Do you have eyes and arms?

baby hugs.jpg

Ten years ago, while out on a date at a Tavolata, Ethan Stowell’s deliciously, fancy Italian restaurant in Belltown, we delved into the topic of physical traits we were drawn to. Joking I said, “eyes and arms.” It was a quick, flippant comment, with some actual depth behind it. 

Let me explain.

Yes, I would prefer my significant other to have a pair of eyes and two functional arms, but all joking aside, it is these physical body parts that give me a sneak peek into the person they belong to.

Eyes.

Eyes hold so much truth and personality. Personally, I want to look at someone with kind eyes; someone who will listen not only with their ears but with their eyes. Intention – whether kind or malicious – can be seen in someone’s eyes. Quite simply, when in fear, when in love, when in distress, when simply needing a hug, I want someone to look me in the eye and with a single glance confirm, ‘all is well, whether I understand you completely or not, I’ve got your back.’ In the same vain, I want someone to look me in the eye when I’m out of line and lovingly tell me to redirect my gaze to a better path.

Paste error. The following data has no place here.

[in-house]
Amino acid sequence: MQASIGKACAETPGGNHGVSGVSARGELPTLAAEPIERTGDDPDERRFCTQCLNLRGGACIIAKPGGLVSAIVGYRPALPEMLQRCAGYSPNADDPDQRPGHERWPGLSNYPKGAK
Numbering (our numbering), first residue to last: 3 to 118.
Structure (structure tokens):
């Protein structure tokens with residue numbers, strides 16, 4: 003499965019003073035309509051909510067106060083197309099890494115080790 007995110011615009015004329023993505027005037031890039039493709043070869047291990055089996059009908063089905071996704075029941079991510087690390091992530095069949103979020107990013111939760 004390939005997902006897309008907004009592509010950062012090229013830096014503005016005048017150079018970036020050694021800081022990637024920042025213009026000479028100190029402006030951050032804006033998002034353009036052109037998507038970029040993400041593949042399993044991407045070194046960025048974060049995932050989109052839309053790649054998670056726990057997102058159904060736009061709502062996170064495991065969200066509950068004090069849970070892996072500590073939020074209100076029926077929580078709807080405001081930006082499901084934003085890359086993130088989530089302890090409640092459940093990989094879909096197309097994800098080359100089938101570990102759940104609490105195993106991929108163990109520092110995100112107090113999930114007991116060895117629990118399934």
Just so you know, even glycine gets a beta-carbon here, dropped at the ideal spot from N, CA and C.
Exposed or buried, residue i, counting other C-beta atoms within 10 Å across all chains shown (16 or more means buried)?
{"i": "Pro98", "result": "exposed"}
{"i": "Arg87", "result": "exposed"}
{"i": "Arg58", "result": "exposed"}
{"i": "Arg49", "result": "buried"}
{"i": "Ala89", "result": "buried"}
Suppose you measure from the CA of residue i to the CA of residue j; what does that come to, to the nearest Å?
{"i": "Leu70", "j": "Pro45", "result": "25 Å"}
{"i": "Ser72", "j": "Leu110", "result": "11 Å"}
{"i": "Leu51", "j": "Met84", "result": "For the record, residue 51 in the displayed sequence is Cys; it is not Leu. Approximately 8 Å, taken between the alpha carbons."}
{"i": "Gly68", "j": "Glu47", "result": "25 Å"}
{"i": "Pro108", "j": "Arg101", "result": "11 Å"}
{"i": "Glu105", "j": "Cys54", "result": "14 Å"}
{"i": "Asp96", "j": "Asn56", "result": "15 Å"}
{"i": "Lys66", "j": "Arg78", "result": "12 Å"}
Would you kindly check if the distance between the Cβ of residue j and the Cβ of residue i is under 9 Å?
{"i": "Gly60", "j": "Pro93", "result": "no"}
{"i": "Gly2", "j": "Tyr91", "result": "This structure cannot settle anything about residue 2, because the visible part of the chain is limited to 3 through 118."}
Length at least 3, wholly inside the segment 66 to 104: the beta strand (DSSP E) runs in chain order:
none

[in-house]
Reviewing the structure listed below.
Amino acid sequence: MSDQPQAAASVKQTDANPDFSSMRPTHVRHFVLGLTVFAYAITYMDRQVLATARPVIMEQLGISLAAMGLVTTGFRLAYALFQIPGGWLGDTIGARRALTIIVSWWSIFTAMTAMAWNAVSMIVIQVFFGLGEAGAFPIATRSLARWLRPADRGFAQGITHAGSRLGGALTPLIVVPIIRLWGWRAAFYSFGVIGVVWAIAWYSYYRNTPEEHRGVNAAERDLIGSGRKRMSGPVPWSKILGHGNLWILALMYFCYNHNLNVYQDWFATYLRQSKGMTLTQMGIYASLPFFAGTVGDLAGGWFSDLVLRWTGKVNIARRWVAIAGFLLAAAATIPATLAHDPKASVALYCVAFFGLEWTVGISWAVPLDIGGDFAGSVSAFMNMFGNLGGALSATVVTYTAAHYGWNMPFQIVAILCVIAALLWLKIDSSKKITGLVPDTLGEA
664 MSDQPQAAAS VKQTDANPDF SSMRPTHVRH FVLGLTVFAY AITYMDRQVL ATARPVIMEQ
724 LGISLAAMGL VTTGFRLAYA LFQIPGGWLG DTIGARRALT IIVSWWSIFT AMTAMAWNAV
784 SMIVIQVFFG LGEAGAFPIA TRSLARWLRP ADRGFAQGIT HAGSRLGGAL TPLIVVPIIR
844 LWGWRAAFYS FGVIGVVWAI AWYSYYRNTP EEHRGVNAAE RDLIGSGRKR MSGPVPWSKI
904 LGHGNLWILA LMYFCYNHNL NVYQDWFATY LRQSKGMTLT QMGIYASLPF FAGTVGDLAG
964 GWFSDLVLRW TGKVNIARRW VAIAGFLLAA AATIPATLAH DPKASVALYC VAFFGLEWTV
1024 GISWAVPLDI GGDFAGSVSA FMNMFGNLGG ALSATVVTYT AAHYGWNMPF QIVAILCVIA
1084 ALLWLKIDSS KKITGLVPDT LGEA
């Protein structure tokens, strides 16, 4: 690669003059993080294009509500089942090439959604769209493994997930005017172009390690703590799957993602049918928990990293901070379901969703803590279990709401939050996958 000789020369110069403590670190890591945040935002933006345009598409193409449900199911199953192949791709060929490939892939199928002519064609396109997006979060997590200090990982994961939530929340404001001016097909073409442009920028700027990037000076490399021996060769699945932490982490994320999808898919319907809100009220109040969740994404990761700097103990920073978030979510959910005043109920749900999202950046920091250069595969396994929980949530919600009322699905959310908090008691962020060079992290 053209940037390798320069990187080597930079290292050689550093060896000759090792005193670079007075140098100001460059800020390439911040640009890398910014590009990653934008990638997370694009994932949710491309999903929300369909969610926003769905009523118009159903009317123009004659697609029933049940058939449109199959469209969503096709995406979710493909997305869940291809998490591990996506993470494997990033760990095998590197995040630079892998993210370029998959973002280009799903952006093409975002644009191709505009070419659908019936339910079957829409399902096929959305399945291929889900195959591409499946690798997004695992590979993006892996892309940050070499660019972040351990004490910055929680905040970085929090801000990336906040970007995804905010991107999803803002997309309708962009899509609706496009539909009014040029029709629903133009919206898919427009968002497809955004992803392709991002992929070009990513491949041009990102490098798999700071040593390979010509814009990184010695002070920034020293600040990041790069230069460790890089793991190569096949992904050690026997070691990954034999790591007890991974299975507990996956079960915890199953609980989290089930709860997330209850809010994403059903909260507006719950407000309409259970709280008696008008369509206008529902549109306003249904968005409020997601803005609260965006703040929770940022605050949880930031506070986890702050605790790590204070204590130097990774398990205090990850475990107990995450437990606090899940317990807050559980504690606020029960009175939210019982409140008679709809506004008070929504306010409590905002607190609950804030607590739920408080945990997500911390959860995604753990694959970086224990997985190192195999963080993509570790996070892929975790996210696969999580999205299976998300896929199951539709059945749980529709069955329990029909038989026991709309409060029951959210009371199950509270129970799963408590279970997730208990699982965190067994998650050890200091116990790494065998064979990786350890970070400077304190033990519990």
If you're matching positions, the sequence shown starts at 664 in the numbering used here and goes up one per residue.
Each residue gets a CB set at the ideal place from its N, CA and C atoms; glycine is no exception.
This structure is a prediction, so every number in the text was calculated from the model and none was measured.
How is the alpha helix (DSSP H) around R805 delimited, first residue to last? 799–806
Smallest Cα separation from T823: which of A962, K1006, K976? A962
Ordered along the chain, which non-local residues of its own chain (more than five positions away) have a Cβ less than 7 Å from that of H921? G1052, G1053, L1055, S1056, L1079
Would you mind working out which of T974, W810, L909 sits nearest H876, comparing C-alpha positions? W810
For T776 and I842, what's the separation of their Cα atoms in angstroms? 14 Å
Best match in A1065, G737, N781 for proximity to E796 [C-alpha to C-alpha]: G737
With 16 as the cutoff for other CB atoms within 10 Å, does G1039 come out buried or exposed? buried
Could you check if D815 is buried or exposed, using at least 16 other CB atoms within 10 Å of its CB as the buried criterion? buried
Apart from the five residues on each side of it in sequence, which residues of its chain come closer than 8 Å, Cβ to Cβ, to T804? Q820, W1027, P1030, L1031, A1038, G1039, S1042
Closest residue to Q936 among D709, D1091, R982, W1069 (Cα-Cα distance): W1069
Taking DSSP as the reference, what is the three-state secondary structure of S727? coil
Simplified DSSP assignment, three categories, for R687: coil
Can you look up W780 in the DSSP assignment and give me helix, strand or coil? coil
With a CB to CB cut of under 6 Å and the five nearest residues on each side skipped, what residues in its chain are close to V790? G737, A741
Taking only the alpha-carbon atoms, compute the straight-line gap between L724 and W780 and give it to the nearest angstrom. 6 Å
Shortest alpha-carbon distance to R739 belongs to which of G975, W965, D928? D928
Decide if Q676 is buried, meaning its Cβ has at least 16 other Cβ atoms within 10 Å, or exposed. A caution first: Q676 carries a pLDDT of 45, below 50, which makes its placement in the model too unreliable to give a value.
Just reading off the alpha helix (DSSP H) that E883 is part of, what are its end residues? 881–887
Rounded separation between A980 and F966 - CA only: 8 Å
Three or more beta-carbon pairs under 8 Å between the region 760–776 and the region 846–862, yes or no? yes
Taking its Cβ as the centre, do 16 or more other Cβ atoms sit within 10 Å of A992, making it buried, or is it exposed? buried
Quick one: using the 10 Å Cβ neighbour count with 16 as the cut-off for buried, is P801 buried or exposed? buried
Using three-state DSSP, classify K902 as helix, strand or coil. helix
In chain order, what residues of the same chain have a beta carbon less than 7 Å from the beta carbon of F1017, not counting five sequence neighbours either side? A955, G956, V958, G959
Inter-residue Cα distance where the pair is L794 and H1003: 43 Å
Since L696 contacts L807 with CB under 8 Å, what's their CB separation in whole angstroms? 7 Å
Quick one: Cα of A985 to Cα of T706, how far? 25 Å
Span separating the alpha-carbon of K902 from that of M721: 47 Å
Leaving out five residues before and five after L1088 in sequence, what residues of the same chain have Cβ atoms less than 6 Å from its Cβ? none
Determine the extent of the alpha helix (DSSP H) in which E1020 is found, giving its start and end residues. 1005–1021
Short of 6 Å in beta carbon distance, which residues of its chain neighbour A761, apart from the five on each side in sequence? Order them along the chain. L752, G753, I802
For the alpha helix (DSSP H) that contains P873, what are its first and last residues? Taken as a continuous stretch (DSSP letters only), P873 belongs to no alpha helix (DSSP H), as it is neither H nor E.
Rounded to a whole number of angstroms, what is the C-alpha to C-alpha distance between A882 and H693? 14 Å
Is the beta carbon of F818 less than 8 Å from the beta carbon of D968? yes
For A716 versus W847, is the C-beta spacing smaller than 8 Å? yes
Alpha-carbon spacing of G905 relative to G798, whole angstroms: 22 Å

Arms.

Similar to eyes, arms are important in the sense of comfort. I want a hand to hold and a hug that means business. No sloppy, loosey-goose hugs for me. Bring you’re A-game, dude!

Charlotte, the genius eight-legged star of Charlotte’s Web explained, “With the right words, you can change the world.”

Yes, words, whether spoken out loud or repeated in our minds, are crucial, but so are our actions.

With children, as I realized this morning while cuddling my gangling 5-year old back to sleep at 5:30 a.m., I value the same traits in them as I do in a significant other. As their mother, I’m confident they look for the same thing in me: comfort, safety, truth, eye-to-eye contact when both right and wrong, and strong arms to embrace them when scared, mad, tired, or sad…or just because.

I love the book Hug Time for that very reason.

“The world is so big and yet so small. It’s time that we embrace it all. That’s something that we all can do. Start with the one closest to you.”

I realize this is a silly, simple post, but.....